What are the pharmacologic effects of muscarinic receptor blockade caused by atropine?

Increases heart rate, decreases secretions in exocrine glands, relaxes smooth muscle in the bronchi, and decreases the tone of the urinary bladder detrusor

Which adverse effect is NOT associated with atropine use?

Sedation

In which conditions can atropine be used therapeutically?

Asthma and peptic ulcer disease

What is the primary use of AtroPen?

Cholinesterase inhibitor poisoning

What is the alternative term for overactive bladder?

Detrusor instability

Which symptom is NOT associated with overactive bladder?

Dysuria

What is the primary effect of atropine on the eyes?

Mydriasis

What is the route of administration for Atropine drops used in ophthalmology?

Topical

What effect does atropine have on the tone and motility of the GI tract?

Decreases tone and motility

What is an example of a therapeutic use of atropine?

Biliary colic

What adverse effect can result from atropine use?

Elevation of interocular pressure

Which formulation of oxybutynin provides the longest duration of action?

Transdermal patch

What is the main reason for the high incidence of dry mouth associated with oxybutynin use?

Blockade by oxybutynin itself

What is the unique feature of darifenacin that makes it well-tolerated?

M3 selectivity

Which drug interaction can alter oxybutynin blood levels?

Inhibition of CYP3A4

What is a prominent side effect of darifenacin and oxybutynin in the pediatric and geriatric populations?

Hallucinations and agitation

Which side effect is NOT associated with oxybutynin use?

Constipation

What is the most common side effect associated with darifenacin use?

Dry mouth

Which condition can be exacerbated by the side effects of oxybutynin and darifenacin?

Asthma

What can intensify the anticholinergic side effects when used in combination with oxybutynin?

SSRIs

What is the primary effect of darifenacin on muscarinic receptors?

M3 selectivity

Which muscarinic antagonist is a CYP2D6 and CYP3A4 substrate?

Fesoterodine

What is the mechanism of action of Mirabegron?

Activates adenylyl cyclase and forms cyclic adenosine monophosphate

Which muscarinic antagonist is a moderate inhibitor of CYP2D6 and a minor inhibitor of CYP3A4?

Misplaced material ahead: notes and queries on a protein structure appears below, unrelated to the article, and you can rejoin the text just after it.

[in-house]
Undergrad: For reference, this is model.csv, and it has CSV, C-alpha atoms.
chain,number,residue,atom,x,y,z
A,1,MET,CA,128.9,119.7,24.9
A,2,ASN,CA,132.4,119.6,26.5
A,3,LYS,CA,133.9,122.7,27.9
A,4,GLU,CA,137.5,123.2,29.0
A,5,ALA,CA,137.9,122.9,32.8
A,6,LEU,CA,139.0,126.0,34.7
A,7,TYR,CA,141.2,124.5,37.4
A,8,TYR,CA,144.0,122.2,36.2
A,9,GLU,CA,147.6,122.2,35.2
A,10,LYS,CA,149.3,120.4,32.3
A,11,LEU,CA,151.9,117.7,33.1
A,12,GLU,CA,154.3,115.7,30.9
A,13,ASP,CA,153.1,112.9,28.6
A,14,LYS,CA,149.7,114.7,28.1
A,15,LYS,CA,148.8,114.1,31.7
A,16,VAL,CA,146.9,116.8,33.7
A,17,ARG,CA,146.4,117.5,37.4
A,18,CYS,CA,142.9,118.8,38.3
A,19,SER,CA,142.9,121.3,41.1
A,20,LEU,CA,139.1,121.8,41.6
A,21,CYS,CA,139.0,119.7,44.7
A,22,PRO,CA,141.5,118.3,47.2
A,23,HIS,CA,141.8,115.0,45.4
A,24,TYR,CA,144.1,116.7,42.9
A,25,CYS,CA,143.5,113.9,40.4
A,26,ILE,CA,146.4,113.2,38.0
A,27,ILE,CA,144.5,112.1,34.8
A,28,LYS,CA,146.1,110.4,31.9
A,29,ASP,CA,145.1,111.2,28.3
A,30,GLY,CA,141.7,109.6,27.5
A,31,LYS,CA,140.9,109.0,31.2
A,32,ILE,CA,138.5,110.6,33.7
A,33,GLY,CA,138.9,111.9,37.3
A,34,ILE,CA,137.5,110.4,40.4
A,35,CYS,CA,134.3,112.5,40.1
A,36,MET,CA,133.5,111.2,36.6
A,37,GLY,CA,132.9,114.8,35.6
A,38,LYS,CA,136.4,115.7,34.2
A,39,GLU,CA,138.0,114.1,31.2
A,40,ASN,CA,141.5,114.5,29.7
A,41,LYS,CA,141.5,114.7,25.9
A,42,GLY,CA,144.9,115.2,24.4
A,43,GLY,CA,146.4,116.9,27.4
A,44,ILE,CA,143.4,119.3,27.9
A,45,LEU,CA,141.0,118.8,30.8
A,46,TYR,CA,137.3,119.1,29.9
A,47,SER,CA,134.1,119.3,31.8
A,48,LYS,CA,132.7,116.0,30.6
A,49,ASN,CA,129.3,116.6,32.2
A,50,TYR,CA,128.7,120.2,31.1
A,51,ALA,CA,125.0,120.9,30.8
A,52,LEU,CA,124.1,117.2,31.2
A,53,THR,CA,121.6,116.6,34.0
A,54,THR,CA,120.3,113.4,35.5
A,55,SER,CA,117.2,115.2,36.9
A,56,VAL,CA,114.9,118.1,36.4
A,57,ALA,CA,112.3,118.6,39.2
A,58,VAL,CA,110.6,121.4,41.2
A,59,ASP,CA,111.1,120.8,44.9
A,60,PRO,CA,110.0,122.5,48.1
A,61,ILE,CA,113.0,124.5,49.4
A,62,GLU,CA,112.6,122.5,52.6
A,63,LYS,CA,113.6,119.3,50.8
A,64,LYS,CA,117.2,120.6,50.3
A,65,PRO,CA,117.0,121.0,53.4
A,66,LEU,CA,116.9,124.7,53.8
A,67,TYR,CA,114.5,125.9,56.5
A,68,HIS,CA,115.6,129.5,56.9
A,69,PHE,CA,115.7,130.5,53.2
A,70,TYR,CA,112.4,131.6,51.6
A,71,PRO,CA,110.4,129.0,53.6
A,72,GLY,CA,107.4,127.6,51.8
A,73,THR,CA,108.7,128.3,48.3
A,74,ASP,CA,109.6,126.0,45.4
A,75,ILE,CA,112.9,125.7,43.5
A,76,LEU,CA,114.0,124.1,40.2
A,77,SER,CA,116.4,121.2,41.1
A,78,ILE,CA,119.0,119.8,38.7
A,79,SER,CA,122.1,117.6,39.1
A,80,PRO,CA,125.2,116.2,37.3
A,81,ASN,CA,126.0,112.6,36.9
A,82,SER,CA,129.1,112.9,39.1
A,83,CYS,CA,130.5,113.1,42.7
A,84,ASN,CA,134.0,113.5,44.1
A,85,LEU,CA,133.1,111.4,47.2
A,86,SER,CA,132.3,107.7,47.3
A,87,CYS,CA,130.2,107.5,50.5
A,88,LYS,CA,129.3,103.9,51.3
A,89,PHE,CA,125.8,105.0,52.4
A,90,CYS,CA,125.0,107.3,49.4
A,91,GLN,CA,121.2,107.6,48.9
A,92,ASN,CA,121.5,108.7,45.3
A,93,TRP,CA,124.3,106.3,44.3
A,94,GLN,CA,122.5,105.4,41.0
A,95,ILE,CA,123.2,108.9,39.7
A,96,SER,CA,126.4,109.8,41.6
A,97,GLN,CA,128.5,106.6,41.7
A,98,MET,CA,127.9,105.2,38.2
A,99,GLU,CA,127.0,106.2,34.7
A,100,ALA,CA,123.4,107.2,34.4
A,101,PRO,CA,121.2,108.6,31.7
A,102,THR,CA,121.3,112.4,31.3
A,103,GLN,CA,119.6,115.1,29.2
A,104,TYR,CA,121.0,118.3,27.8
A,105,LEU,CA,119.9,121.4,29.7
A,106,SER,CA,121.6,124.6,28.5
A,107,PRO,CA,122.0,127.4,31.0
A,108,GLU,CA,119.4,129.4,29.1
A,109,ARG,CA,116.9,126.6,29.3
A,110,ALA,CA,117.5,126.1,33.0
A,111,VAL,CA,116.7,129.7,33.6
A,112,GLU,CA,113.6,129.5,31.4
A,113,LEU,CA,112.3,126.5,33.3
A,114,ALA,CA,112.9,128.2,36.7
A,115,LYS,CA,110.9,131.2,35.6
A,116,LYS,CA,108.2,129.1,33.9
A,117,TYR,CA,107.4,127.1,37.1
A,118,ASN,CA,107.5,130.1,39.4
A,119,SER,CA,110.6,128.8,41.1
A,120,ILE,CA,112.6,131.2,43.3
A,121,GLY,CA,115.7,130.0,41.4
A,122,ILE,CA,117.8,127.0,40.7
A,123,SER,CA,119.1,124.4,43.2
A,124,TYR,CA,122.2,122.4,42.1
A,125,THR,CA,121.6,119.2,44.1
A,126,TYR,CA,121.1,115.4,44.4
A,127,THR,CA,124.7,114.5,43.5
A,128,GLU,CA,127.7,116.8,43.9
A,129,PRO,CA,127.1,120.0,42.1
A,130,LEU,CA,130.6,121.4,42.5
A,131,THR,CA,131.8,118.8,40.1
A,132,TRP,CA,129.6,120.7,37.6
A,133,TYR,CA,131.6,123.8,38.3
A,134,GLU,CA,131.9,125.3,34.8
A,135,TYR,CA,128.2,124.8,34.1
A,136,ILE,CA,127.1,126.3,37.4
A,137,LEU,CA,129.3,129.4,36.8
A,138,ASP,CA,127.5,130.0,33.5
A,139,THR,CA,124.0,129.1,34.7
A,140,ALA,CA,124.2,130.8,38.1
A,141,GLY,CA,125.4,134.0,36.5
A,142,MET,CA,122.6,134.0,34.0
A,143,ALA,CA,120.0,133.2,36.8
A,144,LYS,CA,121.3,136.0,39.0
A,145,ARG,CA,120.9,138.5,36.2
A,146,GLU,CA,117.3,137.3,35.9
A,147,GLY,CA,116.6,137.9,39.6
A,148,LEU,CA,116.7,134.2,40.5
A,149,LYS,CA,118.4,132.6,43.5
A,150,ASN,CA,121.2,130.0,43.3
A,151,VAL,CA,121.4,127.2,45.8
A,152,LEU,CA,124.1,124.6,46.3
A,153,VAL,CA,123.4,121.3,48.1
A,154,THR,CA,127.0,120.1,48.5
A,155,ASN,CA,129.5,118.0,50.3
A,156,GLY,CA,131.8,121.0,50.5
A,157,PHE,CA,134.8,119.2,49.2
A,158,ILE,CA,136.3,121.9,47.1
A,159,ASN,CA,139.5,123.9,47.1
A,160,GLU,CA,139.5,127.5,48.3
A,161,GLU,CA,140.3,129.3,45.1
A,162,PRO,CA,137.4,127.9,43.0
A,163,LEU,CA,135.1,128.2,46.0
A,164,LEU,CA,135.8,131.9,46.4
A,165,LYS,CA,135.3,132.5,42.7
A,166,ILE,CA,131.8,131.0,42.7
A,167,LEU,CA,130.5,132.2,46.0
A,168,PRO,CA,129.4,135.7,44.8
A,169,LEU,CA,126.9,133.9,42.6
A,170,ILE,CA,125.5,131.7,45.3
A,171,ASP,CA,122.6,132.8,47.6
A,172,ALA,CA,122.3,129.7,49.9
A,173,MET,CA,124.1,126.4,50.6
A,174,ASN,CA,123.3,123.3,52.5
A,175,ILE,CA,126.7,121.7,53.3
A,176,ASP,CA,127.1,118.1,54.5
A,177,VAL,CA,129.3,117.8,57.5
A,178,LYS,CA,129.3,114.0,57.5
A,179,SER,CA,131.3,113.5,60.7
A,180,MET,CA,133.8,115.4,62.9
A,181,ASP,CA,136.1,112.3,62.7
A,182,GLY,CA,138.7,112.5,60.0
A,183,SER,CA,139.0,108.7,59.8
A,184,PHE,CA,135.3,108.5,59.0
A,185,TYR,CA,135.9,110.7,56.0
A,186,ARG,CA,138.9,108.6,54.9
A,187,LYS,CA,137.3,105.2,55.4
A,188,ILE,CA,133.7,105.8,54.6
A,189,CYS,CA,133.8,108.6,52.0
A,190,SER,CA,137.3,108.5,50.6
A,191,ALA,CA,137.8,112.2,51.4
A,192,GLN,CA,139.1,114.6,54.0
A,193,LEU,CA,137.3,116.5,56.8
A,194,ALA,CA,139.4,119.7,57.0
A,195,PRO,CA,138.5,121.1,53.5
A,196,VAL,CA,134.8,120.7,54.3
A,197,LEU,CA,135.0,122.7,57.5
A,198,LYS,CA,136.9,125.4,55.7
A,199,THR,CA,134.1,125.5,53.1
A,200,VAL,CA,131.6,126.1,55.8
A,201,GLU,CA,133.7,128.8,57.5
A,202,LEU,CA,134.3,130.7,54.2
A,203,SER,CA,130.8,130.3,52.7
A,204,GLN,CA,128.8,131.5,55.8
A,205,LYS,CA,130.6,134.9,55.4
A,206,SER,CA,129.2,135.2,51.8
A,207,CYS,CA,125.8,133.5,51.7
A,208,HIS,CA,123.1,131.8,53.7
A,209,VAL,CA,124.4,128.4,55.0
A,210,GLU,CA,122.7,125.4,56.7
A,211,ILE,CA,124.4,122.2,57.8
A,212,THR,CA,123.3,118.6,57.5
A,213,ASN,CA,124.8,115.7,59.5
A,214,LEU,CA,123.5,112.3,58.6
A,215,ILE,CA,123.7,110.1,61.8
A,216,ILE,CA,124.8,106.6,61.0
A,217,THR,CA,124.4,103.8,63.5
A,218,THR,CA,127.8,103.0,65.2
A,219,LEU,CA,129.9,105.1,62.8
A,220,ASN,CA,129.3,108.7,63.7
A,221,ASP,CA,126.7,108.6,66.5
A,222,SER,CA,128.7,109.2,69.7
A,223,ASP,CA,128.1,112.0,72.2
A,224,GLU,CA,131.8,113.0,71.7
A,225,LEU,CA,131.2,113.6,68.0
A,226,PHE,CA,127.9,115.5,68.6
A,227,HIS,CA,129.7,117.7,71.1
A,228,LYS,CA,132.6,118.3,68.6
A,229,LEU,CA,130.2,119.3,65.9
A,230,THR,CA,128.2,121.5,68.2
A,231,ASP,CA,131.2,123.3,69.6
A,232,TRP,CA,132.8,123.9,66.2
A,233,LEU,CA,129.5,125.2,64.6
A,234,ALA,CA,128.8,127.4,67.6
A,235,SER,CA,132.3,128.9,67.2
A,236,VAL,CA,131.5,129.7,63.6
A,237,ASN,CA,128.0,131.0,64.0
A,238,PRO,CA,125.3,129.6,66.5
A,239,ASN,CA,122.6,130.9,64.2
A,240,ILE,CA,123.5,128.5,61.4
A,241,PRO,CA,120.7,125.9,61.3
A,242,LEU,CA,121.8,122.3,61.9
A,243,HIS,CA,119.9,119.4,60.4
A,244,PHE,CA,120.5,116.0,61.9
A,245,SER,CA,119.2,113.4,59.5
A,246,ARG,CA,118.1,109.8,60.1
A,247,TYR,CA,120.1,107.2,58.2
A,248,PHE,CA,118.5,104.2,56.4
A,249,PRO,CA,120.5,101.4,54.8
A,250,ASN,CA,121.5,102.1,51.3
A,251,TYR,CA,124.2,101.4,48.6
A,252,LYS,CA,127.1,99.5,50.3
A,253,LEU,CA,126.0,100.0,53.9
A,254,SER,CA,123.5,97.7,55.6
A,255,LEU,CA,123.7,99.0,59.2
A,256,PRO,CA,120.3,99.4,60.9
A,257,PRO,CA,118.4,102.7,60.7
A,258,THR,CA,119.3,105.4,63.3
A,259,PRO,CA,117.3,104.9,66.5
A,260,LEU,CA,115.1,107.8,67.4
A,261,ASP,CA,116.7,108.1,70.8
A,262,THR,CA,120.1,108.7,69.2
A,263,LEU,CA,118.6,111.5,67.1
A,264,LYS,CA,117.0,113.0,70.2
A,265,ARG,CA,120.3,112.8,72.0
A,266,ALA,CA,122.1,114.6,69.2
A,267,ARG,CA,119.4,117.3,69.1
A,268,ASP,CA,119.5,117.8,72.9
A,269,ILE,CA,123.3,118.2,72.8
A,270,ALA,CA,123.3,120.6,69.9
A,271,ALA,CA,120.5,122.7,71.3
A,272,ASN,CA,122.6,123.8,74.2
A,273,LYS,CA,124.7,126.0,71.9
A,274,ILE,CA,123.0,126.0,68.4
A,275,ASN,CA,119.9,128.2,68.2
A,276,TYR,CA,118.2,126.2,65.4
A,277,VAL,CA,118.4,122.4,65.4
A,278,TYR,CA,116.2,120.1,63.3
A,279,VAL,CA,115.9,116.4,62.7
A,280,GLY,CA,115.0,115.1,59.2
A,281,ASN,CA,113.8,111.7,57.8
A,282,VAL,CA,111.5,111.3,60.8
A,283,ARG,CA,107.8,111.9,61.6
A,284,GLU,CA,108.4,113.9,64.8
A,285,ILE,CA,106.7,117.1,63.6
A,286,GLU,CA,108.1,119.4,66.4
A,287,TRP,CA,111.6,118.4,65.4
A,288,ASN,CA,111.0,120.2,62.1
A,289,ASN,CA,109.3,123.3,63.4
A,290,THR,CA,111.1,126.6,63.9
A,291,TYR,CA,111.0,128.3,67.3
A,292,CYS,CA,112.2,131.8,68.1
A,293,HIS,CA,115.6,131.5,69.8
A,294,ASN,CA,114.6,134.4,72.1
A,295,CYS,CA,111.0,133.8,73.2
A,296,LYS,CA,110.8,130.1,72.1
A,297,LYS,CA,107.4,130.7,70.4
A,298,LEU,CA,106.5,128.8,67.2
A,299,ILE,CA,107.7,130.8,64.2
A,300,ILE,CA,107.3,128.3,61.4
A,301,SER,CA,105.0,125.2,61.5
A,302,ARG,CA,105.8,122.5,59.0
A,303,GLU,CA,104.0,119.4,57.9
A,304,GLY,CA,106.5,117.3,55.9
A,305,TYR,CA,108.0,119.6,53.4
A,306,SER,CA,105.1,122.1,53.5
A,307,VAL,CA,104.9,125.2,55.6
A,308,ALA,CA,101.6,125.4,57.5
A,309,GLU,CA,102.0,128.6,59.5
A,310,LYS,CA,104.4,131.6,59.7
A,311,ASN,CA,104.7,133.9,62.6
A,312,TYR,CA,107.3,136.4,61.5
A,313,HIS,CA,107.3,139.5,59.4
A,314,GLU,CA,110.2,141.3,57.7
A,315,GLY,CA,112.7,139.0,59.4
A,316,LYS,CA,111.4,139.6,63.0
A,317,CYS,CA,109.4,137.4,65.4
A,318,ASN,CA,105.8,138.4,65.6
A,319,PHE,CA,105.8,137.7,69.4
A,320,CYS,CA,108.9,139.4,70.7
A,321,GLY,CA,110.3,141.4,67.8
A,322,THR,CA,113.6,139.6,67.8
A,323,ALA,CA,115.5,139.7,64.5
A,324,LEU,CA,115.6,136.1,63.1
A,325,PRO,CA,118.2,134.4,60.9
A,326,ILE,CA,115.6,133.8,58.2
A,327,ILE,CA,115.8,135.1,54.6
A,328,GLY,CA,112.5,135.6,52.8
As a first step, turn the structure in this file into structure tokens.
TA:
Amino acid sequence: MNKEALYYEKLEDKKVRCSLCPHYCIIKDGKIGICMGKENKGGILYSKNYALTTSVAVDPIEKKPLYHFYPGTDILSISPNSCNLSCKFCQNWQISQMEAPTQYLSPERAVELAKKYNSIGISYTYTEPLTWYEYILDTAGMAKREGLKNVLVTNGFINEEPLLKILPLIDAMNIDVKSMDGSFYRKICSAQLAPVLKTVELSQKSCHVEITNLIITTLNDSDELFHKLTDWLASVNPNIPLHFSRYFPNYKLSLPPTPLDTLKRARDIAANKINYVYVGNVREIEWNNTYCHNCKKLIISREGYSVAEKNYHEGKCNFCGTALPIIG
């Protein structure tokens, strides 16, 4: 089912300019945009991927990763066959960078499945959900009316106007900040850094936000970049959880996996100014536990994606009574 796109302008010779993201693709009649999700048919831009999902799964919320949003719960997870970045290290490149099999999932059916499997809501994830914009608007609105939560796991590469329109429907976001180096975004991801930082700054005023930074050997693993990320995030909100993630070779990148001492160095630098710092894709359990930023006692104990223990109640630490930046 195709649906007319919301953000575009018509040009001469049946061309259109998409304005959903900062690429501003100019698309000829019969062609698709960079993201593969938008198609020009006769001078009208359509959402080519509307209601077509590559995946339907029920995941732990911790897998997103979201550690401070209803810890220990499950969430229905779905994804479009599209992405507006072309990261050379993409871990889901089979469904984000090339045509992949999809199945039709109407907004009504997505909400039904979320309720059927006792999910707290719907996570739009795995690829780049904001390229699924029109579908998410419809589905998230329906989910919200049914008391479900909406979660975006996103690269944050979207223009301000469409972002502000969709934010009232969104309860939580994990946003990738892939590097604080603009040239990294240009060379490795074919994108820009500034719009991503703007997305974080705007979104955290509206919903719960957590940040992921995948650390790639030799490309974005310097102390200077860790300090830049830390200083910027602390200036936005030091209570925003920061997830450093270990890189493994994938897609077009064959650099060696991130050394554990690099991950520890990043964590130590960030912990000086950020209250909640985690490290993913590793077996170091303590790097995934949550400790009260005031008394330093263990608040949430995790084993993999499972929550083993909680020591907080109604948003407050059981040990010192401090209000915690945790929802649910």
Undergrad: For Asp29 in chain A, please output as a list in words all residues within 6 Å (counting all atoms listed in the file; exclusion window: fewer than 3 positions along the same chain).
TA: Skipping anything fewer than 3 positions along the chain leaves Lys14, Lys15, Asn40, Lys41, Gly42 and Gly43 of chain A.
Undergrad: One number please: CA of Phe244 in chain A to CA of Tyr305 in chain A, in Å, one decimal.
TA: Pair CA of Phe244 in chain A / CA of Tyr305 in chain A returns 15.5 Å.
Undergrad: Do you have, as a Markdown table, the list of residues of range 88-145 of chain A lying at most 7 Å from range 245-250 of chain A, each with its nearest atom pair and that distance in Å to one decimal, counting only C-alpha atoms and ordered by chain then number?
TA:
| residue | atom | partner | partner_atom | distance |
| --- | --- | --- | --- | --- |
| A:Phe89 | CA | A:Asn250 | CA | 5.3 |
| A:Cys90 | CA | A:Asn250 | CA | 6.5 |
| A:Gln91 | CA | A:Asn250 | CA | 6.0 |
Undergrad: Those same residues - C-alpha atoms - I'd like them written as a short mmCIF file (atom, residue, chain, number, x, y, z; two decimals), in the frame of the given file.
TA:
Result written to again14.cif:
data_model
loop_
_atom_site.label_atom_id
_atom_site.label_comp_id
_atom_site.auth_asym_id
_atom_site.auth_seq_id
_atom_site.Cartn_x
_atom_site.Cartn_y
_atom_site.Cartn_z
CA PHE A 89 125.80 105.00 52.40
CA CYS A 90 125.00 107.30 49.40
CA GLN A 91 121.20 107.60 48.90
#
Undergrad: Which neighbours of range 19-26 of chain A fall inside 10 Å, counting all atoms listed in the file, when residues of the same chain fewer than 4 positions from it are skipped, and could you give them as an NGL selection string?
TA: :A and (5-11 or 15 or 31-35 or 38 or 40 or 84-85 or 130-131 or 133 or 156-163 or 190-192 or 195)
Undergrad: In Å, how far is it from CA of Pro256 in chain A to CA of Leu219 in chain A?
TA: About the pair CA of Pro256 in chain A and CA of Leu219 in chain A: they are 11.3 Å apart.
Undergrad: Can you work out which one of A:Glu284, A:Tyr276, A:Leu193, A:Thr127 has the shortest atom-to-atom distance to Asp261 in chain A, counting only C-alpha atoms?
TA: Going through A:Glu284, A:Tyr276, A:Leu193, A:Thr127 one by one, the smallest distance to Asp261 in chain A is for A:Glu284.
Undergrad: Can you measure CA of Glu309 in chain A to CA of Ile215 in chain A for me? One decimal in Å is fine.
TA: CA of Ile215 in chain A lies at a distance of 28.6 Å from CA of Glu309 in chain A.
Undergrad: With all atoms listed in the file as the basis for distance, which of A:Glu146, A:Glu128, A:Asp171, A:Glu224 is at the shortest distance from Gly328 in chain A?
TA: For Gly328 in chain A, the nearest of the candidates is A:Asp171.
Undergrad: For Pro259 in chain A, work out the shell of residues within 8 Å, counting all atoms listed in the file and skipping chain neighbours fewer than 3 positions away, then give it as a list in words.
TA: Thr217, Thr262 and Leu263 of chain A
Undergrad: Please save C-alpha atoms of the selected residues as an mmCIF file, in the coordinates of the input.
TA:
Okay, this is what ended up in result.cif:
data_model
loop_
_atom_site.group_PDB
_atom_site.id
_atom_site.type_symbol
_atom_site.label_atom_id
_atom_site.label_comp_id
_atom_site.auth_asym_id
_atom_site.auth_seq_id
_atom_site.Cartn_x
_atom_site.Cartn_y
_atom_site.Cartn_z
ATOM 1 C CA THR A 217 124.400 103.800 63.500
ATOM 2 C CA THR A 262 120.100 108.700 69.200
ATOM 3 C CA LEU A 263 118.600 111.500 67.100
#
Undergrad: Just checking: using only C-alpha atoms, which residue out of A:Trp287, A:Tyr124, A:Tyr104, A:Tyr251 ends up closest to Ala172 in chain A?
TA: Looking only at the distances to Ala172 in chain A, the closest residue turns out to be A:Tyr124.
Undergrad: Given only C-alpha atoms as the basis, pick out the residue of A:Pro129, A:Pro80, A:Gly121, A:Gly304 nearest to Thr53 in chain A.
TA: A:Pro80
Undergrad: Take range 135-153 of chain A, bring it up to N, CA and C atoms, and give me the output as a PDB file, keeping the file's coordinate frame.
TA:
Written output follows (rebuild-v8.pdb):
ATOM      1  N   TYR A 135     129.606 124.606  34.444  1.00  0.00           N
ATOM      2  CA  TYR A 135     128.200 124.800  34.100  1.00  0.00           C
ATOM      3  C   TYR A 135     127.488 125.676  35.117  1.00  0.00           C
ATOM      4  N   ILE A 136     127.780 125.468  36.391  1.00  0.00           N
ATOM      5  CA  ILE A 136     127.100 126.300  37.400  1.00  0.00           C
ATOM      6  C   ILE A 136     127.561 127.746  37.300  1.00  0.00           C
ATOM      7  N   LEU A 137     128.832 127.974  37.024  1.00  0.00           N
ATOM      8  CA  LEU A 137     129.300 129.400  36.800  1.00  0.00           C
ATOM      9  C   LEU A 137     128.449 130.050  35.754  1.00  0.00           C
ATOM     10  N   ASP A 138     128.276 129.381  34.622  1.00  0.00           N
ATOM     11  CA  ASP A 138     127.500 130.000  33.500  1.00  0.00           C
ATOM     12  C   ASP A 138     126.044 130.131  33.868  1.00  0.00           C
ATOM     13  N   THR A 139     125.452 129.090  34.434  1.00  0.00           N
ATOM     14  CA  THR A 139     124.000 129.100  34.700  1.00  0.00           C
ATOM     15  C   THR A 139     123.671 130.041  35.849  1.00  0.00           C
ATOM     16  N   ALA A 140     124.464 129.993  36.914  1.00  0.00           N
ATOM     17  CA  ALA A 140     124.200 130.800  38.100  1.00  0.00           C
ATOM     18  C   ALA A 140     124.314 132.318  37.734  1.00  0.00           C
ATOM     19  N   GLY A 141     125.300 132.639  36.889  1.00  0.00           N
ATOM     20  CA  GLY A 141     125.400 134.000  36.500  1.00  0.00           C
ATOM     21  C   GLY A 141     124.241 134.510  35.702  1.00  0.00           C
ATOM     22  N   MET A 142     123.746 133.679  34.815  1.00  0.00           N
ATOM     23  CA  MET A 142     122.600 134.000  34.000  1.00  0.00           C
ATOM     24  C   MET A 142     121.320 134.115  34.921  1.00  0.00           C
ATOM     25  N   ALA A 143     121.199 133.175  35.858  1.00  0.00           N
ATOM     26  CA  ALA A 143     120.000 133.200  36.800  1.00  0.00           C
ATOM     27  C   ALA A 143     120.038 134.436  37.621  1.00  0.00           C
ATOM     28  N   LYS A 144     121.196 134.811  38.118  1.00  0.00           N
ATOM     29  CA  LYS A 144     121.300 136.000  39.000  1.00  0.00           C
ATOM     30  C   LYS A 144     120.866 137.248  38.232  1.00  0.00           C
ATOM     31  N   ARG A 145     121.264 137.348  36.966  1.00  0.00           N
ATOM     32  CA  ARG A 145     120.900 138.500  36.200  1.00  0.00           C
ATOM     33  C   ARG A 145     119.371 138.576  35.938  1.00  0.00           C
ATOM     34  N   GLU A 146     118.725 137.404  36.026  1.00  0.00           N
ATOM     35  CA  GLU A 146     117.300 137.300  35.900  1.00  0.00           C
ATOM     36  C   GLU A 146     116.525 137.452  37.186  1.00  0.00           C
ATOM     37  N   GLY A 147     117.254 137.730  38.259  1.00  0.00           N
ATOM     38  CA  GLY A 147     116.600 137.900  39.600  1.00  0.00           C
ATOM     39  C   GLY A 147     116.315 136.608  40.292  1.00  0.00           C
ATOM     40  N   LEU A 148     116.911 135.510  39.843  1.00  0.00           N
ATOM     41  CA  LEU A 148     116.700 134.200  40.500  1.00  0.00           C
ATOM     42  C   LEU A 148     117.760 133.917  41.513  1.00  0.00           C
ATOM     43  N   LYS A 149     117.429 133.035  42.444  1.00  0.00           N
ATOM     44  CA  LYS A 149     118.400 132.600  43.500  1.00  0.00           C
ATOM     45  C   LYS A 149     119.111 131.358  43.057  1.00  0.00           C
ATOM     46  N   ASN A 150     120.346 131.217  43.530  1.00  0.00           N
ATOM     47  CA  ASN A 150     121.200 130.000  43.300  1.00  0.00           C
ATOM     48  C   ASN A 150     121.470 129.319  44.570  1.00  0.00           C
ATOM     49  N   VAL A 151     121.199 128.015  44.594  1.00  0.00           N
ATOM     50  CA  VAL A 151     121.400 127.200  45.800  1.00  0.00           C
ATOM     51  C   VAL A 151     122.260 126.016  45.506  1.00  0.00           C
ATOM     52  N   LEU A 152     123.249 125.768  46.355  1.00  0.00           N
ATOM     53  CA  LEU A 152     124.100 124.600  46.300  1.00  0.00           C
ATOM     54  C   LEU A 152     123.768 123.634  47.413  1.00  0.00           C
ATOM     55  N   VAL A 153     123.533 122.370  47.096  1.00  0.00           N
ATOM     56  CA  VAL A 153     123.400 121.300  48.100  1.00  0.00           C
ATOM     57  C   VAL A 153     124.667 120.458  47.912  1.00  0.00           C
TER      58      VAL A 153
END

Solifenacin

Which muscarinic antagonist can cause QT prolongation and an increase in blood pressure?

Mirabegron

What is the main adverse effect associated with Trospium?

Constipation

What distinguishes Mirabegron from other drug classes in terms of producing a therapeutic effect?

It activates beta-3-adrenoreceptors by norepinephrine.

Which drugs have been evaluated as non-traditional therapies for overactive bladder?

Venlafaxine and duloxetine

What is the primary role of scopolamine?

Production of cycloplegia

Ipratropium bromide is used to treat which conditions?

Asthma, COPD, and rhinitis caused by allergies or the common cold.

What are the therapeutic uses of mydriatic-cycloplegics?

To produce mydriasis and cycloplegia for ophthalmic procedures.

What is the specific antidote to poisoning by the irreversible cholinesterase inhibitors?

Pralidoxime

What autoimmune process characterizes myasthenia gravis?

Antibodies attack the nicotinic m receptors on the skeletal muscle

Which drug does not cross the blood-brain barrier and will not reduce CNS effects?

Atropine

What is the primary effect of neostigmine during myasthenic crisis?

Cholinesterase inhibition

What is the distinguishing factor between a cholinergic crisis and a myasthenic crisis when challenged with edrophonium?

Increased muscle strength

What is the initial treatment for a cholinergic crisis?

Atropine

What is the role of benzodiazepine in a cholinergic crisis?

Suppresses convulsions

What can atropine be used for if muscarinic responses become excessive due to cholinesterase inhibitors?

Suppress them

What differentiates neostigmine and atropine in terms of their specific effects?